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Photo by Ehimetalor Akhere Unuabona on Unsplash

Then and Now: Crime, Speeding Cars, and How to Stop Them

Motor cars have been used for crime since their earliest pre-First World War development. However, with the rapid rise in car ownership it was the interwar period that saw public and political concern rise significantly. Fears about criminal use of motor cars became focused on the idea of the ‘motor bandit’, an emotive and flexible label for any driver wanted for a serious crime.

One of the important issues for police was how to stop a speeding car that was going to be, or more likely had been, used for crime.

A barricades committee was given a remit to devise a barrier that would be obstructive, simple and quick to set up and take down by no more than two constables, could obstruct the footway as well as the carriageway, and be distinctive to an approaching driver without being obvious from a distance (otherwise ‘the bandit’ would just turn around).

Tests of spiked mats were held at the London General Omnibus Company depot in Chiswick on 21st August 1928 under the auspices of the Daily Mail. Coverage in the newspaper heralded the tests a success but the Metropolitan Police found the mats wanting. Specifically, spiked mats were felt to be inefficient against the bandit in a stolen car, who could just escape on foot, but possibly more effective against the ordinary ‘road hog’ using his own car.

Whether motor bandit or ‘road hog’, the safety of the occupants of targeted cars was also an important consideration as was that of the safety of pedestrians or occupants of other vehicles; this ruled out the use of wire ropes across the road.

The problem of how to apprehend criminals travelling at speed was born in the 1920s but is a live issue a century later. Indeed, many earlier physical methods have been refined and enhanced using technology. Some remain familiar such as the stinger (or spike strip), a device designed to puncture the tyres of vehicles to slow or stop them. Talon, a net with steel spikes that become entangled around front wheels can be deployed by two people in less than a minute. Like much recent road control technology the latter was developed to prevent terrorism, a threat that was also experienced during the interwar era.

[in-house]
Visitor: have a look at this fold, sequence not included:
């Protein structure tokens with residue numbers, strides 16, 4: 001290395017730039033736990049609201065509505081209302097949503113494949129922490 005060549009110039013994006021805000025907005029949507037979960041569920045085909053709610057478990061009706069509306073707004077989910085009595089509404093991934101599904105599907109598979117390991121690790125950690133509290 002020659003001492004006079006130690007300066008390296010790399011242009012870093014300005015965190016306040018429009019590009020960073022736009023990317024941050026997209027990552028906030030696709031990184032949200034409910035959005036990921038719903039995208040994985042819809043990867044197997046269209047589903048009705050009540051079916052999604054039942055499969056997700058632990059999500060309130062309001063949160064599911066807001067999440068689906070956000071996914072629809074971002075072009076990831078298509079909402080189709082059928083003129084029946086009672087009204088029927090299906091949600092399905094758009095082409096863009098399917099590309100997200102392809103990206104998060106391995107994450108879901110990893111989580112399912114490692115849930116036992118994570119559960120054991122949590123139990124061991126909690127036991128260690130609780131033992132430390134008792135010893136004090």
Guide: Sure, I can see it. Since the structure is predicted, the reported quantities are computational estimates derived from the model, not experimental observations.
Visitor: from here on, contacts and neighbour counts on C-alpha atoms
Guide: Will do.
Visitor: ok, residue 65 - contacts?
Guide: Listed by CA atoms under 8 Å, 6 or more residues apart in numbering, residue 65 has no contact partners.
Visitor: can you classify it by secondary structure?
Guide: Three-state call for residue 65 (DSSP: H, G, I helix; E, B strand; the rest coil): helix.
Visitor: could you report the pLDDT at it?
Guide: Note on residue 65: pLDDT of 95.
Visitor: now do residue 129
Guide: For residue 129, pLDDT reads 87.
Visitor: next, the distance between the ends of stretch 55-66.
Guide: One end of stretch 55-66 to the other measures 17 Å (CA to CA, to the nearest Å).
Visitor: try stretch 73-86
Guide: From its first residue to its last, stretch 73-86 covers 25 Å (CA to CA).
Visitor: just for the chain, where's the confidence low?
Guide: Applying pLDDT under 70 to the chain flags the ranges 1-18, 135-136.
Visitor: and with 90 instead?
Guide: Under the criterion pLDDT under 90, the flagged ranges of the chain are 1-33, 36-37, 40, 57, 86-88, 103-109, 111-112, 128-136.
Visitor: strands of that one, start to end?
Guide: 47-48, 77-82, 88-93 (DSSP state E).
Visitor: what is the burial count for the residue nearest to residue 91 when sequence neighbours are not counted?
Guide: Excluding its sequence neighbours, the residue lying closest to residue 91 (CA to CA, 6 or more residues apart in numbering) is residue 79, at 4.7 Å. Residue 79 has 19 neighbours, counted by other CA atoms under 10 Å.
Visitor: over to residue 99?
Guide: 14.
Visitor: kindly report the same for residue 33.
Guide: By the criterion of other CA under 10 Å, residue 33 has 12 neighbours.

The 1920s barricades committee highlighted the difficulties of stopping motor vehicles using barriers and cordons when traveling criminals could change their route readily. The current security cordon around the City of London makes use of narrowed roads, chicanes created by concrete blocks, and police guards to monitor traffic – all of which are reinforced by digital CCTV recordings of traffic and 24-hour automated number plate recording. This has been termed ‘fortress urbanism’.

The friction between interventionist policing methods and public and police safety also endures as revealed in recent criticism about the dangers of police cars hitting (making ‘tactical contact’) suspected offenders on mopeds or motorcycles. This debate goes directly to a long-established core issue of policing: the balance between their purposeful physical intervention on the roads, the impact on suspects and the potential collateral damage experienced by others. After 100 years, it seems this debate is not over.

Alyson Brown, is Professor of History and Associate Head of Department at Edge Hill University.

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COVID-19 lockdown: What are the implications for individual freedom?